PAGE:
Many young people believe in a higher power. But does that power care about how they live? What does Judaism have to say on the topic?
The Positive Trend
Recently, the Wall Street Journal published the results of a survey regarding what percentage of young people believe in a higher power. It turns out that one-third of young people between the ages of 18 and 25 believe in a “higher power,” in contrast to a survey conducted a few years ago, which indicated the same only about a quarter of young people.
Many of them say that they don’t like organized religion and they don’t participate in formal religious institutions, but deep down, they have faith. The article quotes various experts and psychologists who try to explain what caused this change; why are young people suddenly discovering a faith in a higher power? They argue that in recent years, especially with the global pandemic, people have lost a sense of personal security, and have therefore turned to a higher power. Perhaps there is some truth to this, but regardless, we are seeing a trend shift among young people, and this is good news.
The Essential Questions
In general, human beings naturally believe there is a creator of the world (unless they are brainwashed and convinced otherwise). It is part of our DNA; we naturally have a strong sense that the world is not a jungle, and there is a certain entity responsible for and governing the world.
But here comes the question: Many people believe in a Creator of the world, but does this Creator really care about what we do? Does it truly matter to the Creator what I eat? Does it make a difference to the Creator if I put on tefillin or light Shabbat candles?
A person can truly believe in the existence of a higher power, yet still grapple with this question. It’s not a question of faith; it’s clear to him that the higher power exists. The question is whether this higher power has any concern for his creations. Does it truly matter to the higher power what happens to animals and creatures? G-d has a vast universe to manage, and we are just a miniscule part!
There is also another question that bothers many people: The Book of Ecclesiastes says, “G-d is in heaven and you are on earth, so let your words be few” (Ecclesiastes 5:2). The higher power is in the highest spiritual realms, while we, as small human beings, are here on earth. Therefore, the question arises: Is it really possible to communicate with Him?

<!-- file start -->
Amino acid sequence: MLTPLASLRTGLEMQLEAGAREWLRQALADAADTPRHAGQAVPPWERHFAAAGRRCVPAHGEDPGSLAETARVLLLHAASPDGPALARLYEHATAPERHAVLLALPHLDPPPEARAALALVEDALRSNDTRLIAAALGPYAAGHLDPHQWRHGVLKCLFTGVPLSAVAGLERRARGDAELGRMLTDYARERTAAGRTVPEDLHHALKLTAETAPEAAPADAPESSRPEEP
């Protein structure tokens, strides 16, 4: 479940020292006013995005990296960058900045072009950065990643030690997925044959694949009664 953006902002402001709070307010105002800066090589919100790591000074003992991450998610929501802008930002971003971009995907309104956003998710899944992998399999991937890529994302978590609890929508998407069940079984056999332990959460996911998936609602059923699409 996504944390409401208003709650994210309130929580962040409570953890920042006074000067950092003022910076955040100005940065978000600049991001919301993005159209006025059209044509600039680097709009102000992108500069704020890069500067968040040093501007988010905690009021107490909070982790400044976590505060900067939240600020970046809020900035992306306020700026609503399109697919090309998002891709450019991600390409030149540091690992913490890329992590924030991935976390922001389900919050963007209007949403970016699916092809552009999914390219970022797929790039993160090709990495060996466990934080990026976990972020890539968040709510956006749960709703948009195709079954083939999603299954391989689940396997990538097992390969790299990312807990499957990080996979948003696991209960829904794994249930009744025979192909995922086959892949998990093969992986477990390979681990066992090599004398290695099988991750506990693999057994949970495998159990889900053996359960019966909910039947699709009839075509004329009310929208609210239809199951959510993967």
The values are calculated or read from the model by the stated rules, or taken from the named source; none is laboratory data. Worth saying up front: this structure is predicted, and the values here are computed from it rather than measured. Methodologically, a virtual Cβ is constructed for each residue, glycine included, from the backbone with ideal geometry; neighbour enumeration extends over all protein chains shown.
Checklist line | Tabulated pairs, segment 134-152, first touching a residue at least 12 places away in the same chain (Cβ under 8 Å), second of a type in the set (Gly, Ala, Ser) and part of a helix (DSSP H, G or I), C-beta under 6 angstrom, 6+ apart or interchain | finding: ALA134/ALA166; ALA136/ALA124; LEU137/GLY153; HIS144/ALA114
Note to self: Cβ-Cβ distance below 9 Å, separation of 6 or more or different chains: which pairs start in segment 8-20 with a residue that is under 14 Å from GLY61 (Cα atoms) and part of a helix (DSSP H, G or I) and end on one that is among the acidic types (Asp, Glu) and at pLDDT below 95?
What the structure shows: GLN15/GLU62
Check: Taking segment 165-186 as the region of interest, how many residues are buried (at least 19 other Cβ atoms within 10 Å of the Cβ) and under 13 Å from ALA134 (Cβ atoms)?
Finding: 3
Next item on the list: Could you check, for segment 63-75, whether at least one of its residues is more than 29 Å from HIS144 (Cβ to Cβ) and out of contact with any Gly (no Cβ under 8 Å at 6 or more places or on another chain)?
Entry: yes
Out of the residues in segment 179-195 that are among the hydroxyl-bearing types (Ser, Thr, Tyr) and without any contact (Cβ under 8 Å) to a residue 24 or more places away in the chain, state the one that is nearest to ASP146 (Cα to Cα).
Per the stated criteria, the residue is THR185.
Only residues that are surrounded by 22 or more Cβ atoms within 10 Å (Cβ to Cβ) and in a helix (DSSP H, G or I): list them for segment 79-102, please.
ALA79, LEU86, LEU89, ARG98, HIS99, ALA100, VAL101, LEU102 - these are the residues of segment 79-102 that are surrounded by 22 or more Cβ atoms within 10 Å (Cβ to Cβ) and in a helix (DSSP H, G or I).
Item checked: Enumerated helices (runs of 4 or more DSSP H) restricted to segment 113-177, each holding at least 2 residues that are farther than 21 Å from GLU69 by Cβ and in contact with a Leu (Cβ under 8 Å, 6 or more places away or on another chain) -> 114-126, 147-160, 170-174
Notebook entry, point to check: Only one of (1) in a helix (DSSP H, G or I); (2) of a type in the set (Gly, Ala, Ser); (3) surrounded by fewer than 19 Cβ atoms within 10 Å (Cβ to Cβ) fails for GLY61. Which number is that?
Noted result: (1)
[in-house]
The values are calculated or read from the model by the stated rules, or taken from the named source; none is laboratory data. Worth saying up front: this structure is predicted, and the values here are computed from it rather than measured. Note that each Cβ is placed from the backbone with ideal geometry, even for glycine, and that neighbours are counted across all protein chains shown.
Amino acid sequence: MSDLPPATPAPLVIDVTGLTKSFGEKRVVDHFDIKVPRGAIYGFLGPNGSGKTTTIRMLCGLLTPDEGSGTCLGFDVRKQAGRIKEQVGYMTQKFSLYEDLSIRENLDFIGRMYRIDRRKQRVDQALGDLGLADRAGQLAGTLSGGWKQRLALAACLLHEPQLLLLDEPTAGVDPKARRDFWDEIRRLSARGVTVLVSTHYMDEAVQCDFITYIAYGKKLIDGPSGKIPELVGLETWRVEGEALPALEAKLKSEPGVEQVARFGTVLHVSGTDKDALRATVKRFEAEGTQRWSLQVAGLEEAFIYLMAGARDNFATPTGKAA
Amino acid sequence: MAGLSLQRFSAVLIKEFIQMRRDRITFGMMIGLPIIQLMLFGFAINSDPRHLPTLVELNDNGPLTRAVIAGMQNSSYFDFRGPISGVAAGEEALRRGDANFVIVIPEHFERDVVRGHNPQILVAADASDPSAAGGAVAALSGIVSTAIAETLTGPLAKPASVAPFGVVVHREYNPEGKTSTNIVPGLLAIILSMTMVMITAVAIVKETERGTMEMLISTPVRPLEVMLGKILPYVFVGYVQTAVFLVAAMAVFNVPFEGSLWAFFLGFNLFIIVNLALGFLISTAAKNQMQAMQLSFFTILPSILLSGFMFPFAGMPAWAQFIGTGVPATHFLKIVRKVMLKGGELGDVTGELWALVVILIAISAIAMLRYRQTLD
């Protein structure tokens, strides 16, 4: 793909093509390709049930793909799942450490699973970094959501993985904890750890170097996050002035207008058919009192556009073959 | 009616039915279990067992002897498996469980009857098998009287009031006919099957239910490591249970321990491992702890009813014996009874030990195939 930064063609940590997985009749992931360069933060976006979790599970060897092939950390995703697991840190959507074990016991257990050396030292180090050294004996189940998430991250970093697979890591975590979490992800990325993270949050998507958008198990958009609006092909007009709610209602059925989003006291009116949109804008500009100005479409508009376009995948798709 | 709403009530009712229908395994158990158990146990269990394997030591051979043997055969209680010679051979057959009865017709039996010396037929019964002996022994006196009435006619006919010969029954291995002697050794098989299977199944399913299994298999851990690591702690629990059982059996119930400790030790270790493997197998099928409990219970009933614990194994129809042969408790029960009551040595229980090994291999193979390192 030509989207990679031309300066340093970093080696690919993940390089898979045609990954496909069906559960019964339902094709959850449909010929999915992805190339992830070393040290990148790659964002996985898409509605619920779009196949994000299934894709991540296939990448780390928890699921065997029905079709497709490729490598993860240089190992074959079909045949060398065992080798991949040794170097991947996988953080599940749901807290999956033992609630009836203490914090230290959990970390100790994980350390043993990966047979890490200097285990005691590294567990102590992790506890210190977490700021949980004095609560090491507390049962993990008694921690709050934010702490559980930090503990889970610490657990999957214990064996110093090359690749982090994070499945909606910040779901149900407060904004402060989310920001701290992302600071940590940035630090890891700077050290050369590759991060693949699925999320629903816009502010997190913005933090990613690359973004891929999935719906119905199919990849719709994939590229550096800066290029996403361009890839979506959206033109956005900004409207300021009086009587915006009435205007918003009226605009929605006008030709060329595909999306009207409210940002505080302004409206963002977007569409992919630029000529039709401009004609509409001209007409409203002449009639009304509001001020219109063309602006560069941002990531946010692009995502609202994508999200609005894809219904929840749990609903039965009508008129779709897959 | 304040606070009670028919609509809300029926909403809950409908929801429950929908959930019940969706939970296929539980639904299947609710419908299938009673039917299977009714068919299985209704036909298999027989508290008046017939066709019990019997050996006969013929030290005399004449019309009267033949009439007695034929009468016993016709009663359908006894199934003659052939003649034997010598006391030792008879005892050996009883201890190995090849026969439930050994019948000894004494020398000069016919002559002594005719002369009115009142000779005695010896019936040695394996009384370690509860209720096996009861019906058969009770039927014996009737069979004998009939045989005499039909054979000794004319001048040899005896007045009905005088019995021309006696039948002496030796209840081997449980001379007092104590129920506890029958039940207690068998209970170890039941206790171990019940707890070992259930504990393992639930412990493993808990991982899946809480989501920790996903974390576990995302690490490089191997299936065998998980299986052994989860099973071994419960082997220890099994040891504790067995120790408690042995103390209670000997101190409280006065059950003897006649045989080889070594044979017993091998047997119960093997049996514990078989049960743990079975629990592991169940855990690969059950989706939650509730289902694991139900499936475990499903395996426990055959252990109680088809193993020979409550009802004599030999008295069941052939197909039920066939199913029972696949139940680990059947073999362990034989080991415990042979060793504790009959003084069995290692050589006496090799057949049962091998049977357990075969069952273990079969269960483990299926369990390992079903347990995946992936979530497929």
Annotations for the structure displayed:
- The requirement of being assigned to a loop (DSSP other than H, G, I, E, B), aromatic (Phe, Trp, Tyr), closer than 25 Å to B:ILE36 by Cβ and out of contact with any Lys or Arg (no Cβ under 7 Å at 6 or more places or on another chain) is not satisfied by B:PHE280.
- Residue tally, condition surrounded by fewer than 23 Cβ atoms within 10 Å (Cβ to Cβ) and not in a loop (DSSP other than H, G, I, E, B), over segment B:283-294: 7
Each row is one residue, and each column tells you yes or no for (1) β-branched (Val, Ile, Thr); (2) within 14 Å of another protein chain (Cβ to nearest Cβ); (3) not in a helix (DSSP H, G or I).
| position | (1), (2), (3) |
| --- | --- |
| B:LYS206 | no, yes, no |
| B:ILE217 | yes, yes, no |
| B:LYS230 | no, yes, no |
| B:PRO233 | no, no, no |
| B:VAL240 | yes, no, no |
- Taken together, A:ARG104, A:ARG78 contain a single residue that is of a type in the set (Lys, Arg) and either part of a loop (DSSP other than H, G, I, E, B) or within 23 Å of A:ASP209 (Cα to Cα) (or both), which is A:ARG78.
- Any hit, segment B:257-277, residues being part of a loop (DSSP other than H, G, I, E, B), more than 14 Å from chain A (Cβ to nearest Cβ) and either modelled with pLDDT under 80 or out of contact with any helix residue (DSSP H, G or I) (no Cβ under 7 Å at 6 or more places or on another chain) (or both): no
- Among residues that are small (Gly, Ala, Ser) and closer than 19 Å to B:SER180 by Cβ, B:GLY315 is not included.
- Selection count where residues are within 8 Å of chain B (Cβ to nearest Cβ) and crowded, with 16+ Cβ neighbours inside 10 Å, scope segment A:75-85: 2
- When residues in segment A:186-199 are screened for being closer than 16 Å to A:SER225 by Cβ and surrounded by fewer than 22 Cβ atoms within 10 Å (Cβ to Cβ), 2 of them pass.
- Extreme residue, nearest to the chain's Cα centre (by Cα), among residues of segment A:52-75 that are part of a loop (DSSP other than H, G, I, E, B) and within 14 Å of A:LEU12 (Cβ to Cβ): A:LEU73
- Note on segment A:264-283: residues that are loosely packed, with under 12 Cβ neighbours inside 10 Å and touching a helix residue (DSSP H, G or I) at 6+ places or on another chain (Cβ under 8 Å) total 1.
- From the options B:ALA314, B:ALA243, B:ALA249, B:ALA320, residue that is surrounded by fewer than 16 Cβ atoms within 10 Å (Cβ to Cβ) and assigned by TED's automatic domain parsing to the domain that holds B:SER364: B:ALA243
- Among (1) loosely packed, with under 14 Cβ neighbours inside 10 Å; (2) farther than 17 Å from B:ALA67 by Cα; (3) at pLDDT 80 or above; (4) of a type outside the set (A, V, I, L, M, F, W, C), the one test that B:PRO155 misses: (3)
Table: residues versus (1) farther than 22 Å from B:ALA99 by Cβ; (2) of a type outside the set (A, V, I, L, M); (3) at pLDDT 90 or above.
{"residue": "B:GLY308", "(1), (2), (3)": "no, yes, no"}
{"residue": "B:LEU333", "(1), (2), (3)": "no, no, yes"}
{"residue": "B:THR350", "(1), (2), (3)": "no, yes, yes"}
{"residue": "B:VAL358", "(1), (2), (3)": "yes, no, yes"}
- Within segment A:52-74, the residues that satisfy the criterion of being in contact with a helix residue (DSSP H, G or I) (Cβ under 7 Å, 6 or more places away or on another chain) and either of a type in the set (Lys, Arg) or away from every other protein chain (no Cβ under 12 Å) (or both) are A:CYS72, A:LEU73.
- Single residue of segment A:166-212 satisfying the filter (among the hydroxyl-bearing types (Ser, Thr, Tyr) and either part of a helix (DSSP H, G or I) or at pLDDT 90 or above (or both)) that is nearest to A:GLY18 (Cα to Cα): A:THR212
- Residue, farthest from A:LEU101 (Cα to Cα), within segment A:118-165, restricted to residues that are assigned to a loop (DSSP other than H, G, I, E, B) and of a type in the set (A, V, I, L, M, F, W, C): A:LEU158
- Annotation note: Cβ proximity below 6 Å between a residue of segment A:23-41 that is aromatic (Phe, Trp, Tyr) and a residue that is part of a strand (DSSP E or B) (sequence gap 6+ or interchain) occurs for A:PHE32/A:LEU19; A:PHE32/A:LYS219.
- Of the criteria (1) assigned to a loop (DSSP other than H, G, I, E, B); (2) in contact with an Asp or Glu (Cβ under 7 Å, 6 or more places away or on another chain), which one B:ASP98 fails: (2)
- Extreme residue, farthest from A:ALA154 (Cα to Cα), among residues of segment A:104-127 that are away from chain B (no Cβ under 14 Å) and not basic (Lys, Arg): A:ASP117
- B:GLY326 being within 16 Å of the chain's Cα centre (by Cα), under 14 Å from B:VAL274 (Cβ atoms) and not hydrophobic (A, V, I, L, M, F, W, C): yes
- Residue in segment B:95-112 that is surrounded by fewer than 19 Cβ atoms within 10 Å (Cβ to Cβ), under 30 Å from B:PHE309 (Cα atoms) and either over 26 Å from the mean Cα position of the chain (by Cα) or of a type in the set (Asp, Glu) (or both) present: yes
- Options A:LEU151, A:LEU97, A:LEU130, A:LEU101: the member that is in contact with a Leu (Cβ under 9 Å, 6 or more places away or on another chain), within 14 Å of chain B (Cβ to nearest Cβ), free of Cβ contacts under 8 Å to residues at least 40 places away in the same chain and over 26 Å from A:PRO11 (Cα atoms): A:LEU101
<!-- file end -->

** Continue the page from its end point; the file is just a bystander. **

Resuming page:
It is true that humans are capable of doing great things. We swim faster than any fish, soar higher than any eagle, and dig faster than any mole. Human music is more beautiful than bird songs. But still, our accomplishments seem inconsequential in comparison to the greatness of the Creator. So the question remains relevant: Is there a connection between humans and the higher power?
The question is a fundamental one. The higher power is infinite, while humans are finite, and it seems impossible to establish a relationship between something finite and something infinite. If you have ten dollars and your friend has a hundred dollars, then the moment you gain an additional dollar, you get closer to your friend who has a hundred. However, if you have a million dollars and your friend has limitless dollars, no matter how many dollars you accumulate, you will never get closer to him.
G-d is infinite, while we are limited beings. So how is it realistic for us to establish a connection and communication with Him?
The Story of the Ten Commandments
The event of the giving of the Torah resolves both of these questions. It is the moment when G-d descended to Mount Sinai and made contact with humanity, instructing them on how to conduct themselves. Clearly, the higher power communicates with us and cares about what we do.
From the perspective of humanity as a whole, this event was more important than the Exodus from Egypt and the splitting of the Red Sea. Those were personal miracles for the Jewish people, while the giving of the Torah signified a connection between the Creator and all humanity.
By way of example:
In New Mexico, there are miles and miles of highly sensitive antennas. These antennas are directed towards space and are meant to listen to all transmissions from space. Let’s say that one day they receive a transmission from a distant star, a message that someone transmitted to someone else about a laundry list. The moment we will hear something like that, our entire worldview will change. Suddenly, it will become clear that there is life on that distant planet. What is exactly said in the message may not matter as much; the fact that they heard something at all is what’s important.
This exact point is expressed in a Midrash, which states that until the giving of the Torah, there was very limited communication between G-d and the children of Israel, and the world in general. The Midrash uses a parable to illustrate this concept: